Sunday, April 20, 2014
'Justice' CS DVD: Ideal Subject for Easter Sunday
The two-disc five-episode BFS Entertainment DVD release of the 2011 BBC drama "Justice" provides an excellent chance for American audiences to discover a nicely low-key drama about a very human savior who takes on the resurrection of his hometown for a sin with a fairly significant ripple effect.
Robert Pugh, whose 112 credits include "Game of Thrones" and "Doctor Who," plays Judge Patrick Coburn. The 50-words-or-less version of the back story of Coburn is that he returns to oversee a controversial Public Justice Centre in his hometown of Liverpool 40 years after a midnight skip in response to an event that remains a mystery through part of the series.
Opposition to the Centre relates to the sense that it is established to punish, rather than support, the lower-income folks who commit acts that result in bringing them before Colburn. Conversely, Colburn sees his role as one that helps those folks, focuses more on dispensing justice than on enforcing the law, and more generally improves living conditions that have deteriorated in his absence.
On the other side of the coin, Her Majesty's government is considering closing the Centre based on economic considerations.
The court proceedings in the pilot episode demonstrate the Colburn style of adjudication; the sentence for a charge of soliciting a prostitute is a revocation of a driver's license. The logic is that an inability to drive precludes using a car to "hook" up.
The response of a woman who engages in the oldest profession in the world that the ruling merely forces her and her colleagues to ply their trade in a more dangerous area shows that Colburn can do little right in the eyes of his community.
This episode further establishes the mutual animosity between Colburn and not-so-subtle local crime boss Jake Little, who particularly preys on teens and 20-somethings. Having a crusader in the area is a threat that Little openly opposes.
An episode in which Colburn and Little compete for the body and soul of a young enforcer particularly brings these two men head-to-head. It also demonstrates the extent of the ability of Little to make friends and his much strong power to influence people.
Colburn assigning the young thug and a much-older former thug as the community service projects for each other is another example of his style of justice. For his part, the retired thug provides a good lesson about the cost of wasting potential.
Colburn additionally faces a foe in the form of local Lois Lane style crusading reporter Louise Scanlon, played by Liverpool native Gillian Kearney. An assignment to interview Colburn triggers a campaign by Scanlon to determine the truth behind his sudden departure 40 years earlier. Her success in revealing this secret has the desired result but leads to her own form of atonement in the exceptional season finale.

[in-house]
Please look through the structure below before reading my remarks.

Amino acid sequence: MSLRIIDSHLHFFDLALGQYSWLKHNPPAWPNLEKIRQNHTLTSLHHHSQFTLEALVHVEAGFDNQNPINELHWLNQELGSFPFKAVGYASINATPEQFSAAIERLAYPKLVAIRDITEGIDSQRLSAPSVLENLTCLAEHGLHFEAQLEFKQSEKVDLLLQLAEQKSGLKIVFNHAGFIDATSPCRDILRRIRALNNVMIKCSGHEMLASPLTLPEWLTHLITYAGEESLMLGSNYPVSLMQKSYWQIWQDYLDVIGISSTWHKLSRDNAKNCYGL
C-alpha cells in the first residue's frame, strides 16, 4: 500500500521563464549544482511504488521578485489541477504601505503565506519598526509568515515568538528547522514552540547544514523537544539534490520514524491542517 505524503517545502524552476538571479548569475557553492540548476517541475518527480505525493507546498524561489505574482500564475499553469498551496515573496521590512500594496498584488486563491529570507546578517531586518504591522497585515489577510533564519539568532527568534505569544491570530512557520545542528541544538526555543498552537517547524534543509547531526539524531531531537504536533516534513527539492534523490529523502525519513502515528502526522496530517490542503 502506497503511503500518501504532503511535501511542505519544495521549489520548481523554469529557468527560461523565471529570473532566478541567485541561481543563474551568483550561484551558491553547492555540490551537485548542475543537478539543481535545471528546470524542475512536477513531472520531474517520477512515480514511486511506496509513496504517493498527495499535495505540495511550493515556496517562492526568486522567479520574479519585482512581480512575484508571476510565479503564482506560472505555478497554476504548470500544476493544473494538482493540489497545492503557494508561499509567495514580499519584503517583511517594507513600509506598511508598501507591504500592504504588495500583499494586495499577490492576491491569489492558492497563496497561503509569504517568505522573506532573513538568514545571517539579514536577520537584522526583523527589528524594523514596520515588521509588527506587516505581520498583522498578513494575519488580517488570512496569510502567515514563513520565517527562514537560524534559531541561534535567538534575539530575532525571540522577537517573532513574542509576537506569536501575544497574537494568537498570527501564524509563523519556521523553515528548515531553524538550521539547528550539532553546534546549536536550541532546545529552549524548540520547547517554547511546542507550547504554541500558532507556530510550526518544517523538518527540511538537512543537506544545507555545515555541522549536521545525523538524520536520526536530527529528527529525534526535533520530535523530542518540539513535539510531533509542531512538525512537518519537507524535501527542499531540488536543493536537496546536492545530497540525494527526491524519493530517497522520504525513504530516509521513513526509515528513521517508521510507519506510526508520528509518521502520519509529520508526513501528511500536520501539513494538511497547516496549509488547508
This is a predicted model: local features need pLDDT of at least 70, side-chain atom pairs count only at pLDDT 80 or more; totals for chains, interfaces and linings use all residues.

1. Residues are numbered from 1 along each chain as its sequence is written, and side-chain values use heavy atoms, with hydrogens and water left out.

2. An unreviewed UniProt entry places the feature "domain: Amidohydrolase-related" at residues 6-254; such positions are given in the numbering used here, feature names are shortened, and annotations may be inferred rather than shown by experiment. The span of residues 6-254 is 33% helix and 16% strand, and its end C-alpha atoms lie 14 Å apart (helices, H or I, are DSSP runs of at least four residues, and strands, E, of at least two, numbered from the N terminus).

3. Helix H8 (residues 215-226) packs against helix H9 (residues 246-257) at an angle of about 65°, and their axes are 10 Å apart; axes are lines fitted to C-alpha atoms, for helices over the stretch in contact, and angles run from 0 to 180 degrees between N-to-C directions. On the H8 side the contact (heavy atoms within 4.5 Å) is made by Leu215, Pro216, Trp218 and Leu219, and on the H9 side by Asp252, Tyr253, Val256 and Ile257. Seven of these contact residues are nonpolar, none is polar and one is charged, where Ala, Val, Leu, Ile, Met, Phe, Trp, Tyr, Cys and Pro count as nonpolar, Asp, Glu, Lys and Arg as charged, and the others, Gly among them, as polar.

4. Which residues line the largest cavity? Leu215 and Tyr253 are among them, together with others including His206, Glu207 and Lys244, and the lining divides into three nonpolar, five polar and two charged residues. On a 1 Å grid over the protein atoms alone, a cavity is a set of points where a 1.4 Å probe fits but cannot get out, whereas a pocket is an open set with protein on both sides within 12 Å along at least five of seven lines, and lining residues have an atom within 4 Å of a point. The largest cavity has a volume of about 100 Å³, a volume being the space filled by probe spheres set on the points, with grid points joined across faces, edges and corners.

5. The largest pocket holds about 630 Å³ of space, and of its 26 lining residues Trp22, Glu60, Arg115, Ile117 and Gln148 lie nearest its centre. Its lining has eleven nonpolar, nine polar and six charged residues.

This finale has a terrific feel of a classic American western in that an outrageously blatant act of Little results in facing Colburn in court. Obtaining a conviction for that offense requires that at least one local who Little has been bullying testifies about the crime.
This one nicely ties into the rest of the series by having past offenders and those close to them appear regarding the effort to achieve justice. Further, a central figure dies for the sins of others.
The identity of the individual who ultimately steps forward is moderately surprising but ties nicely into the theme of redemption in the series. It is equally notable that things are not necessarily all rainbows and lollipops for the folks in this rough community at the end.
The final scene is also moderately surprising but offers a couple of nice messages for realistic degrees of hope. Whether Thomas Wolfe correctly concludes that you cannot go home again remains undetermined.
The final verdict regarding "Justice" is that it is a series to which many of us can relate. Most of us regret something from our past but lack the courage of Colburn to both do something about it and not back down when publicly confronted with the consequences of it.
Real life also has plenty of criminal and non-criminal versions of Little, who abuse their positions at the expense of "innocents." We additionally fantasize about a court system that dispenses justice, rather than simply enforces the law.
Anyone with questions or comments regarding "Justice" is welcome to email me. You can also connect on Twitter via @tvdvdguy.